Blowing It On the Wind

BERLIN – When considering climate change, most people think wind turbines and solar panels are a big part of the solution. But, over the next 25 years, the contribution of solar and wind power to resolving the problem will be trivial – and the cost will be enormous.

The International Energy Agency estimates that about 0.4% of global energy now comes from solar and wind. Even in 2040, with all governments implementing all of their green promises, solar and wind will make up just 2.2% of global energy. This is partly because wind and solar help to reduce greenhouse-gas emissions only from electricity generation, which account for 42% of the total, but not from the energy used in industry, transport, buildings, and agriculture.

But the main reason why wind and solar power cannot be a major solution to climate change stems from an almost insurmountable obstacle: we need power when the sun is not shining and the wind is not blowing.

This has major implications for claims about costs. For example, wind power, we are repeatedly told, is just about to be cheaper than fossil fuels – or even, as a recent global news story claimed, that it is now cheaper than fossil fuels in Germany and the United Kingdom.

This is mostly a mirage – large-scale wind power will not work anytime soon without subsidies. As Warren Buffet says: “[W]e get a tax credit if we build a lot of wind farms. That’s the only reason to build them. They don’t make sense without the tax credit.” The IEA estimates that the annual bill for global wind subsidies will increase over the next 25 years, not decrease or fall to zero.

One reason is that cheaper wind in Germany and the UK is true only for new construction. Most existing coal and gas suppliers cost about half or less than wind and could run for decades; instead, we half-close them to accommodate wind. Whereas the new, cheap German wind-energy producers cost $80 per MWh ($0.08 per kWh), the average German spot price in 2014 was just $33 per MWh.

More important, wind is cheaper only when the wind blows. When the wind is not blowing, wind-generated electricity is the most expensive electricity of all, because it cannot be bought at any price.

Installing more wind generators makes the electricity they produce less valuable. The first wind turbine brings a slightly above-average price per kWh. But with 30% market share, since all wind producers sell electricity at the same time (when the wind blows), the electricity is worth only 70% of the average electricity price. Solar prices drop even faster at similar market shares. So wind and solar generators have to be much cheaper than the average price to be competitive.

Moreover, wind and solar make fossil-fuel-generated electricity more expensive. Some people may think that is a good thing; but, if our societies are to continue functioning in cloudy, windless weather, that means relying on some fossil fuels. The IEA estimates that 56% of electricity will come from fossil fuels in 2040, with nuclear and hydro accounting for another 28%.

Significant wind and solar usage reduces the number of hours gas and coal generation operates; with large fixed costs, this makes every kWh more expensive. In a real electricity market, this would result in much higher electricity costs on windless evenings. But this is politically problematic, which is why markets are often constructed to spike much less.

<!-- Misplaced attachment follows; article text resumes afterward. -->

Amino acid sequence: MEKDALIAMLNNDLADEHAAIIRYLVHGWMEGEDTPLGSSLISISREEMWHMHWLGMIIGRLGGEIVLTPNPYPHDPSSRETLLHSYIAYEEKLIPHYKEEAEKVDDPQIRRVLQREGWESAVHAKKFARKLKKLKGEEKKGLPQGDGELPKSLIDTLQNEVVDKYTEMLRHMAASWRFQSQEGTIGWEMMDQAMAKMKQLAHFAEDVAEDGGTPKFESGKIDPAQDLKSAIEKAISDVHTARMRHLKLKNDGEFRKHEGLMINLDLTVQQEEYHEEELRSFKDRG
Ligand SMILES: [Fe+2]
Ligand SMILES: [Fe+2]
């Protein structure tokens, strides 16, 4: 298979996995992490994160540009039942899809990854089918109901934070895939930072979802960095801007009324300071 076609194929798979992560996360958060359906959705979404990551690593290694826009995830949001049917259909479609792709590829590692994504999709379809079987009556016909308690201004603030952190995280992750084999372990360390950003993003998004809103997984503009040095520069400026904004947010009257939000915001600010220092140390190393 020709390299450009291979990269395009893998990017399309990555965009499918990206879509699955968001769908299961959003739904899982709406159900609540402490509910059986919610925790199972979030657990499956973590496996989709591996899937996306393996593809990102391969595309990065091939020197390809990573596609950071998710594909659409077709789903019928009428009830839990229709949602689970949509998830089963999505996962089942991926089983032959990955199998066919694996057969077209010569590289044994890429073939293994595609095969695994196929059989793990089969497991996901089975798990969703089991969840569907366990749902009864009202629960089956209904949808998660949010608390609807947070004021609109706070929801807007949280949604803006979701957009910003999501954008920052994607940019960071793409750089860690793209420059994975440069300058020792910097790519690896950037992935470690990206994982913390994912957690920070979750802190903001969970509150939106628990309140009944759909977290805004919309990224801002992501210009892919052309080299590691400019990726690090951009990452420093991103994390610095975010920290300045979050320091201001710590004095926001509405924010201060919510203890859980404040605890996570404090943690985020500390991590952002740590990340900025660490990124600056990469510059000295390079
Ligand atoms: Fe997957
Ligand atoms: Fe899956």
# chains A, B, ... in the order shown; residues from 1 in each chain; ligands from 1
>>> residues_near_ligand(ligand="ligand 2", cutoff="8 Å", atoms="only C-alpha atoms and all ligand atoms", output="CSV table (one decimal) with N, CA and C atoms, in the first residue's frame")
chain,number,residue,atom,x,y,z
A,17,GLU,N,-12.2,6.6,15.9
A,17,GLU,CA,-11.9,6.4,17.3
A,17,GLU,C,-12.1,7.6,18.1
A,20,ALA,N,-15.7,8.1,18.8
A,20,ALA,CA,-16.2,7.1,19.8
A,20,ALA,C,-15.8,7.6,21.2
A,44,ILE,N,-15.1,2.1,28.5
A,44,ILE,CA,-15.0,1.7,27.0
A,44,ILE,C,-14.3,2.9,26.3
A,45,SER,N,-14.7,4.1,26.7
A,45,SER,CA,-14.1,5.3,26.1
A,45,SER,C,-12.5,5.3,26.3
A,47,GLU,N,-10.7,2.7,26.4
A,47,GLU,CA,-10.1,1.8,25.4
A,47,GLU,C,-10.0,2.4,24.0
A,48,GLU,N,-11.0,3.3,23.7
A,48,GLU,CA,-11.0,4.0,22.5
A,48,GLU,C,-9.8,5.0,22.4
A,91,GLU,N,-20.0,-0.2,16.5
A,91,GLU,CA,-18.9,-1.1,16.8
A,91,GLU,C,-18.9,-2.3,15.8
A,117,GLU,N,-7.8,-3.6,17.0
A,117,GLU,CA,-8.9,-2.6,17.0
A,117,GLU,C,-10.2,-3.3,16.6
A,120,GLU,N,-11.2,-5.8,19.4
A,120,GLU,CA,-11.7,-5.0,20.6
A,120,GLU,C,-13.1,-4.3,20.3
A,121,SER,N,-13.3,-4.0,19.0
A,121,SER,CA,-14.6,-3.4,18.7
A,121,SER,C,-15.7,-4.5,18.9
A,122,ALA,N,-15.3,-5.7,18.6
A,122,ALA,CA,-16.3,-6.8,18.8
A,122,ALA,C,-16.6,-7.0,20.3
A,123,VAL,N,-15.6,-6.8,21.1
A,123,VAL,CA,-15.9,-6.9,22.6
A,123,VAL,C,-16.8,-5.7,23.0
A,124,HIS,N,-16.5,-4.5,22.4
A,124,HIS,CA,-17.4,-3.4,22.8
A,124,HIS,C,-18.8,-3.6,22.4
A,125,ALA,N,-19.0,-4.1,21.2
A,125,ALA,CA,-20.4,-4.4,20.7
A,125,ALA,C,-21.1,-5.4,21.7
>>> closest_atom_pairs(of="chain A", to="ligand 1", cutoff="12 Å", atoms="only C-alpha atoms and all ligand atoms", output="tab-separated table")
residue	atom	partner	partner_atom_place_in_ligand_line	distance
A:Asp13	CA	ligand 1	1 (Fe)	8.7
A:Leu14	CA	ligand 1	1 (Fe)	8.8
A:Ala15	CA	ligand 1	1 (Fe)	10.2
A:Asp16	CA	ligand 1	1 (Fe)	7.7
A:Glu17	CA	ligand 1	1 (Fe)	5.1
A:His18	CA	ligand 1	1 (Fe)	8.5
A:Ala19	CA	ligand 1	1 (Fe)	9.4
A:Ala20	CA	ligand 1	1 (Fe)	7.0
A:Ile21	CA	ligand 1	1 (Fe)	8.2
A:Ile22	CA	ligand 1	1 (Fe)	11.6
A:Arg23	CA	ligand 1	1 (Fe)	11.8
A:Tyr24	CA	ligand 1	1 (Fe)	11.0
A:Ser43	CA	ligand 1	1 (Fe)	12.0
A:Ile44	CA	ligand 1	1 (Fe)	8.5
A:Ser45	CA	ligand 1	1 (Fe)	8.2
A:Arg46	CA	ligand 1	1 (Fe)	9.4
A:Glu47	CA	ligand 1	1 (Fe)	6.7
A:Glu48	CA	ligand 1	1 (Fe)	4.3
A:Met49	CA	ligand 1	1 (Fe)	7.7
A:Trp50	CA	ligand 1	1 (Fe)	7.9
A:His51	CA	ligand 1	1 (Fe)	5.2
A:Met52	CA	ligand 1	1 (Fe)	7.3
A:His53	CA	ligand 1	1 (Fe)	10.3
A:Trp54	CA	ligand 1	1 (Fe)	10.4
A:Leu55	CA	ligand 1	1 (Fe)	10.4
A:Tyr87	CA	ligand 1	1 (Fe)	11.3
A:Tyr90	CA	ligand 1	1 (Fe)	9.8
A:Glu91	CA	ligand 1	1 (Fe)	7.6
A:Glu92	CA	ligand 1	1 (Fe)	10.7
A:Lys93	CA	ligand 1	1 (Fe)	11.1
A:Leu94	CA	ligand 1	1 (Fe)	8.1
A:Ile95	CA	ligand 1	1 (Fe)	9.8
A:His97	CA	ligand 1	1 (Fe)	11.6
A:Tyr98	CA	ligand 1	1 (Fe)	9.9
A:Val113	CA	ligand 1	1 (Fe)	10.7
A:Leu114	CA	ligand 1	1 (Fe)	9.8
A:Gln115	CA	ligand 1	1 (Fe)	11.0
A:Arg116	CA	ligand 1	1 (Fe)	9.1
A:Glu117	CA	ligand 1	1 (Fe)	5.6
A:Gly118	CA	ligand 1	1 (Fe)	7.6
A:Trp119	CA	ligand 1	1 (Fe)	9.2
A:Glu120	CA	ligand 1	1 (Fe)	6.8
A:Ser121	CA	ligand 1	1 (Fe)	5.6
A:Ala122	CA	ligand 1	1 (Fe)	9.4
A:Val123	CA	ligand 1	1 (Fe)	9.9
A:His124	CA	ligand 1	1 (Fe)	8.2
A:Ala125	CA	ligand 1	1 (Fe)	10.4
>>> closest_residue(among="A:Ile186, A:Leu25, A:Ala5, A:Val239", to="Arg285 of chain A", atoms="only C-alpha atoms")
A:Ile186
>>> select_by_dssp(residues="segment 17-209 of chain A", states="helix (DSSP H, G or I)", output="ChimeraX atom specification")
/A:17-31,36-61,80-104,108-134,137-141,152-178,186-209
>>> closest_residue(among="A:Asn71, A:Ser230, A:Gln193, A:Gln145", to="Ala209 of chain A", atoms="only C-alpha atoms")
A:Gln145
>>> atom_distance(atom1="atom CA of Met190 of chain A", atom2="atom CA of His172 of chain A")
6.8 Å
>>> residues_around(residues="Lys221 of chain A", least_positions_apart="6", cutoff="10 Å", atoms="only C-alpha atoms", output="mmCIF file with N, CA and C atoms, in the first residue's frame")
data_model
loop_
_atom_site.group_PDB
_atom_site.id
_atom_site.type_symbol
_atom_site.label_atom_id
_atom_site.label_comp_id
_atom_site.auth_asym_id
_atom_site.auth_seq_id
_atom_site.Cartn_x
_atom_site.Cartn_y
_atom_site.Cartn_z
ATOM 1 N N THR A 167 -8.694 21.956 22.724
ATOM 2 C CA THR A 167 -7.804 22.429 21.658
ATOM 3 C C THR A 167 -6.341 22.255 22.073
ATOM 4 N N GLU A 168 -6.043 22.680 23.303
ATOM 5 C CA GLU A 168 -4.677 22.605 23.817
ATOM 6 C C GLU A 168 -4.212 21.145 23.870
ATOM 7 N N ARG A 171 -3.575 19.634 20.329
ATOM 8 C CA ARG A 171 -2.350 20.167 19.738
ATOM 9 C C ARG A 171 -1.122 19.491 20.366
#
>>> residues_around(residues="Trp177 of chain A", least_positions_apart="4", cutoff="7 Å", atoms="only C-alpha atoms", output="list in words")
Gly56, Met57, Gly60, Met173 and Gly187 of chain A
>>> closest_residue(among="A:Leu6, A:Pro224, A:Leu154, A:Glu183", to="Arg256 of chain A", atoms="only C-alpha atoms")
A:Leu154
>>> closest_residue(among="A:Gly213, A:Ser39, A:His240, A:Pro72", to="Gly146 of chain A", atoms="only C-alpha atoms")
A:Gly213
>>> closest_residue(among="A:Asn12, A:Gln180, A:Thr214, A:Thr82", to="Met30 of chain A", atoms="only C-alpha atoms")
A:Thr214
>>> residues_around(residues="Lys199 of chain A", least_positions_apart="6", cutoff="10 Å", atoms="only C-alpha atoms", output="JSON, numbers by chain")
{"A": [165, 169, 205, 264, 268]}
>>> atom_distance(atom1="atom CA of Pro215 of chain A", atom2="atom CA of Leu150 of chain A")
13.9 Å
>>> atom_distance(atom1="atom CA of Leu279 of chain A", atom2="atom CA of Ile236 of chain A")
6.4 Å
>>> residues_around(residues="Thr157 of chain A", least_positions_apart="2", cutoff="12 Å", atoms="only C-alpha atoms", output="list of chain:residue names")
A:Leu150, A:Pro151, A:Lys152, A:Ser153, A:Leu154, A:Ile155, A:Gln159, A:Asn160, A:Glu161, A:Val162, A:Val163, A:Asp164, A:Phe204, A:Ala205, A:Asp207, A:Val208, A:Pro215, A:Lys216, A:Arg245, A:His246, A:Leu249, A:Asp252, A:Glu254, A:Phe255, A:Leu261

In Spain, gas plants were used 66% of the time in 2004, but only 19% of the time now, largely because of more wind use. Because the plants must be kept running 57% of the time to avoid losses, many are likely to close. Across Europe, possibly 60% of all gas-fired generation is at risk.

Keeping the lights on means either accepting much higher prices or emulating what many European governments are beginning to do – namely, subsidize fossil-fuel plants. For example, in 2018 alone, the UK will pay nearly £1 billion ($1.5 billion), mostly to fossil-fuel-based generators, to keep backup capacity available for peak power usage. Building more wind and solar generating capacity with subsidies means societies end up paying three times for power – once for the power, once for subsidies to inefficient renewables, and once more to subsidize our now-inefficient fossil fuels.

Many will say, “But at least we cut CO2.” That is true, although the reduction is perhaps only half of what is often touted, because the back-up power needed to smooth intermittent wind and solar is often more CO₂-heavy. Moreover, we pay dearly for these cuts. In 2013, the world produced 635 TWh of wind electricity and paid at least $28 billion in subsidies, or $76 per avoided ton of CO₂, and likely twice or more than that. When the estimated damage costs of CO2 are about $5 per ton, and a ton of CO2 can be cut in the European Union for about $10, we are paying a dollar to do less than 7-13 cents of good for the climate.

And its positive impact on the climate is negligible. Consider two worlds: in the first, all governments implement all their green promises, as indicated by the IEA, and increase solar and wind energy more than seven-fold by 2040; in the second, not one new solar panel or wind turbine is purchased over the next 25 years.

The difference in subsidy spending between the two worlds is more than $2.5 trillion. Yet the difference in temperature increase by the end of the century, run on the United Nations climate panel’s own model, would be a mere 0.0175°C (0.03°F).

One day, when the wind price has fallen much further and solar is almost as cheap as wind, significant investments in wind and solar could be a great idea. But even after decades of capital reallocation, these sources might account for a bit less than a quarter of our electricity.

In short, a world powered by solar and wind – one that has resolved the climate challenge – is very unlikely anytime soon.